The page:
1998 | Rome Statute of the International Criminal Court
The Rome Statute is the founding treaty of the International Criminal Court (ICC) and grants the Court jurisdiction over four main crimes: genocide, crimes against humanity, war crimes, and crime of aggression. The ICC has the authority to take a case when the national system is unwilling or unable to carry out proceedings genuinely. In this sense, the ICC constitutes a court of last resort for victims who seek to obtain justice. Relevant provisions on the exercise of jurisdiction by the Court and the admissibility of a case are Article 13, 15 and 17.
Afghanistan deposited its instrument of accession to the Rome Statute on 10 February 2003.?In accordance with Article 11 and 126 of the Statute, the ICC can exercise jurisdiction on crimes committed on the territory of Afghanistan or by its nationals since 1 May 2003.
The Rome Statute provides for different regimes of victims’ participation and the modalities of such participation vary depending on the stage of the proceedings. Pursuant to Article 68(3), the Court shall allow victims to present their views and concerns, where their personal interests are affected. However, it is within the Court discretion to decide how and when they can exercise their procedural rights.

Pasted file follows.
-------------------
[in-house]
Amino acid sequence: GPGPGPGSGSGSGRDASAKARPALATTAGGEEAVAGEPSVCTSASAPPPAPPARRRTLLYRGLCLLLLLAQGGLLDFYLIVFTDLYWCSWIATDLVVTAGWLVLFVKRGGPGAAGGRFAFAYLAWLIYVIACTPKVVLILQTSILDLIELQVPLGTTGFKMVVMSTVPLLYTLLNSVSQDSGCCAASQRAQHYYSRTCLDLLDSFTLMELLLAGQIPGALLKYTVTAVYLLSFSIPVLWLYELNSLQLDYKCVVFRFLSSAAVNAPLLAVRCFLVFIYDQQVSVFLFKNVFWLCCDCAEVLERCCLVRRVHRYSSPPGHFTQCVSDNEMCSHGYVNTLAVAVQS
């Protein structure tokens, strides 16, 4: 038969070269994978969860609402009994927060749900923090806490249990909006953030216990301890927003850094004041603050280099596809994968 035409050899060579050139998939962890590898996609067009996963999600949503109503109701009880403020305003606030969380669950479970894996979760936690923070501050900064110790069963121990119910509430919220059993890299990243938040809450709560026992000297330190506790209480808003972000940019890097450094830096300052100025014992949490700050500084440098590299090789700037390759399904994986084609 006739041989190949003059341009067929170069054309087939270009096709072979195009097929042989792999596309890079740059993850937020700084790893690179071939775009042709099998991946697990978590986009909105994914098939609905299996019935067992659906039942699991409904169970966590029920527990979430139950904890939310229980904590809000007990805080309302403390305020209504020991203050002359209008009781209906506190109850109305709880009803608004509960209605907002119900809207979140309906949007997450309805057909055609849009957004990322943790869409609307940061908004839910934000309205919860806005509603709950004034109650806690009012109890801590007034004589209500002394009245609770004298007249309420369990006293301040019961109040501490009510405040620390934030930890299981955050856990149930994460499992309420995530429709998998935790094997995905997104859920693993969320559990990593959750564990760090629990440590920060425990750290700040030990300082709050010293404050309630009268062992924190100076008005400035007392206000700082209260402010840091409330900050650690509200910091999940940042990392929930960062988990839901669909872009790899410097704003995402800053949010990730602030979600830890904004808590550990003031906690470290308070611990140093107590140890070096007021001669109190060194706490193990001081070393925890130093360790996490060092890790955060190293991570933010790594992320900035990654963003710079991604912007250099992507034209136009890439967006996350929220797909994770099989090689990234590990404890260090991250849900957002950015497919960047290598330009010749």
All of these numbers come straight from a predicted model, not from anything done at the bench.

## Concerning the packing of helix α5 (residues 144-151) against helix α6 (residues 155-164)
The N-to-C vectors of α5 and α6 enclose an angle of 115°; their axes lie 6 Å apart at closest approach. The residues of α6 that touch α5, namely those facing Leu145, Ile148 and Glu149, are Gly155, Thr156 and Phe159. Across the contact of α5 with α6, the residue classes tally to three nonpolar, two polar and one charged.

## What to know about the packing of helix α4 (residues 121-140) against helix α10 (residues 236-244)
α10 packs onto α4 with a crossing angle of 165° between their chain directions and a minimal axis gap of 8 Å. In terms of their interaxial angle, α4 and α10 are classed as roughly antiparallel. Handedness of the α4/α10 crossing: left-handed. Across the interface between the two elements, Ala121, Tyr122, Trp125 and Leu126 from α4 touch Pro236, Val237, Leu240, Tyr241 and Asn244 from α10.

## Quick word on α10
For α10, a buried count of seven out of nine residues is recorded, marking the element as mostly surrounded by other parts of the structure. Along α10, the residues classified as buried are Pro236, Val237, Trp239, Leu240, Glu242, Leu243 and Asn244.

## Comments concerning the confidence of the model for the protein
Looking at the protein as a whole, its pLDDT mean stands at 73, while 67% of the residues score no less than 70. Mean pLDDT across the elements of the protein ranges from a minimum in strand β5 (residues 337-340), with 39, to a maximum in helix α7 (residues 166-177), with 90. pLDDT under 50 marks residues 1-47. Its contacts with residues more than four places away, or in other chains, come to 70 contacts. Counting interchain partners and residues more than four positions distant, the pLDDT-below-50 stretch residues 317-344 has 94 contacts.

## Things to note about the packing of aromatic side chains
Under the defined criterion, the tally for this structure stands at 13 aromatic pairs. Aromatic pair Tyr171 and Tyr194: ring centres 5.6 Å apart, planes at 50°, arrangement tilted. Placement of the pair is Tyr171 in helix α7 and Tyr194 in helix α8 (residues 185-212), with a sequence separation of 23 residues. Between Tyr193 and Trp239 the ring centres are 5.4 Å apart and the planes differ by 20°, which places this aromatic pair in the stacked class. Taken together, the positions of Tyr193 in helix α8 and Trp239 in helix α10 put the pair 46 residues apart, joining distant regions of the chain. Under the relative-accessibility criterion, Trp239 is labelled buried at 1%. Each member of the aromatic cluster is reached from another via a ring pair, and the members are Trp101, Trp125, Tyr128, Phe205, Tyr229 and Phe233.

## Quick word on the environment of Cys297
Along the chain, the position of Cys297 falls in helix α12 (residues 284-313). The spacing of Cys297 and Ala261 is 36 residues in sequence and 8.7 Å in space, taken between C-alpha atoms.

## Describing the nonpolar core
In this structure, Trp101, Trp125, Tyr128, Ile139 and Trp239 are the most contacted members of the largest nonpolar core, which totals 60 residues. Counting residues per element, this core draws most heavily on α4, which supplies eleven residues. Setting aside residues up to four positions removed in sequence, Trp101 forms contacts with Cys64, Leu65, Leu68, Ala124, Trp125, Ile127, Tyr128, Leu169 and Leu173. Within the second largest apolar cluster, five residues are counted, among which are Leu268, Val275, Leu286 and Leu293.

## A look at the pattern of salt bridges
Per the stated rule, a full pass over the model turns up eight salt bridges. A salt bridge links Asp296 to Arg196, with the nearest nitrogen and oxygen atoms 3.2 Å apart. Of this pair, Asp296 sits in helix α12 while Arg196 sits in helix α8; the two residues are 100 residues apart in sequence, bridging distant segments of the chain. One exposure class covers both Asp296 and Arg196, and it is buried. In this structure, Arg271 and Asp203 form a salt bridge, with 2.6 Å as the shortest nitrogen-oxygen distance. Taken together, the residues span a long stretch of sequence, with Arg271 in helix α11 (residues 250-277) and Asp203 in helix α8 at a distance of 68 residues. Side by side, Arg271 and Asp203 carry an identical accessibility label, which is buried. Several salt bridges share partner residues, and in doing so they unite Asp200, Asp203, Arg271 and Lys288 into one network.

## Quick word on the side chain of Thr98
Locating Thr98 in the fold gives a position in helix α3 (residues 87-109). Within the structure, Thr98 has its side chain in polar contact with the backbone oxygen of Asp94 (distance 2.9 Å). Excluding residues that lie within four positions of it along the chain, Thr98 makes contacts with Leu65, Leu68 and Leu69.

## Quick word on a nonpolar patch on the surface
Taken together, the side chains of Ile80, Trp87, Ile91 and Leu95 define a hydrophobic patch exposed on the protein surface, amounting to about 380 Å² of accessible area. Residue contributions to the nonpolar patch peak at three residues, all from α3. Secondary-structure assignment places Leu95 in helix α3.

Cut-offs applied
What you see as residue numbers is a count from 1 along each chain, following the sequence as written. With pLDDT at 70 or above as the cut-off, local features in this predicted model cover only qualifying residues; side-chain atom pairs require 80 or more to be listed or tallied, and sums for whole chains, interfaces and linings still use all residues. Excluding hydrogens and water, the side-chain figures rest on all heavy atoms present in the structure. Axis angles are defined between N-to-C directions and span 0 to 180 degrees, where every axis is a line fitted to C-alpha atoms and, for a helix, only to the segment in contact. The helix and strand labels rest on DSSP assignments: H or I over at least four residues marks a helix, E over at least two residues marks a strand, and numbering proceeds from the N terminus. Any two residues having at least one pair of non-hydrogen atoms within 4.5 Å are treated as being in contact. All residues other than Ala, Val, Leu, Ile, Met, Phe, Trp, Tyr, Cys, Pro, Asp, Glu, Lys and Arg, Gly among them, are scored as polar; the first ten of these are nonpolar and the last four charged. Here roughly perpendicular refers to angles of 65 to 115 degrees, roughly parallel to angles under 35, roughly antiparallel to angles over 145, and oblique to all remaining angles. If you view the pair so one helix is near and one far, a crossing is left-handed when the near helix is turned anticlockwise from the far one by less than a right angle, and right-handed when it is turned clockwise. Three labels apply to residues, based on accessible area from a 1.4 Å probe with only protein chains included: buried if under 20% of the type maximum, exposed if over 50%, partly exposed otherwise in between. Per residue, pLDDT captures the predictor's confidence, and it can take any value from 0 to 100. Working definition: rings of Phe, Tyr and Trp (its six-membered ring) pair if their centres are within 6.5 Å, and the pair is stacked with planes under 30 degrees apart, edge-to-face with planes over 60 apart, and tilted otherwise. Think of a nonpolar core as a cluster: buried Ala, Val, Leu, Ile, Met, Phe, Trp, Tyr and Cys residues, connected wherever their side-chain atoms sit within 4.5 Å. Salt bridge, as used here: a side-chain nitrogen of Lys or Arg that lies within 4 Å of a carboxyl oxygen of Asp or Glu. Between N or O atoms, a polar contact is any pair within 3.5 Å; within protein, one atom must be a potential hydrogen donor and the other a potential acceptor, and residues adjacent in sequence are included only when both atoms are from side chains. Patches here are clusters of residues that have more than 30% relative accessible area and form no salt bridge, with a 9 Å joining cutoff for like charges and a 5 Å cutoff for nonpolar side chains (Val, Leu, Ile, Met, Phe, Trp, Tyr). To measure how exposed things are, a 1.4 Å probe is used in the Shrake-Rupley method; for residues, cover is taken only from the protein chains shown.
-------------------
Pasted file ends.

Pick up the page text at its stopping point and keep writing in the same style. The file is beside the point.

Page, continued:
A specific participation scheme is provided in with Article 75 of the Rome Statute, which allows victims to initiate proceedings regarding reparations for the harm suffered as a result of a crime within the Court’s jurisdiction. Trust Fund for Victims (TFV) is the main channel for the payments of awards issued by the ICC.
Trust Fund for Victims
The TFV, established by the Assembly of States in accordance with Article 79 of the Rome Statute, helps realize victims’ rights by supporting and implementing programmes that address the harm resulting from the commission of crimes under the jurisdiction of the ICC. The TFV has a twofold mandate. Under the assistance mandate, it may provide physical, psychological, and material support to victims and their families. Additionally, in line with its reparation mandate, the TFV implements court-ordered reparation awards. For this purpose, it collects court-ordered fines and forfeitures as well as voluntary contributions.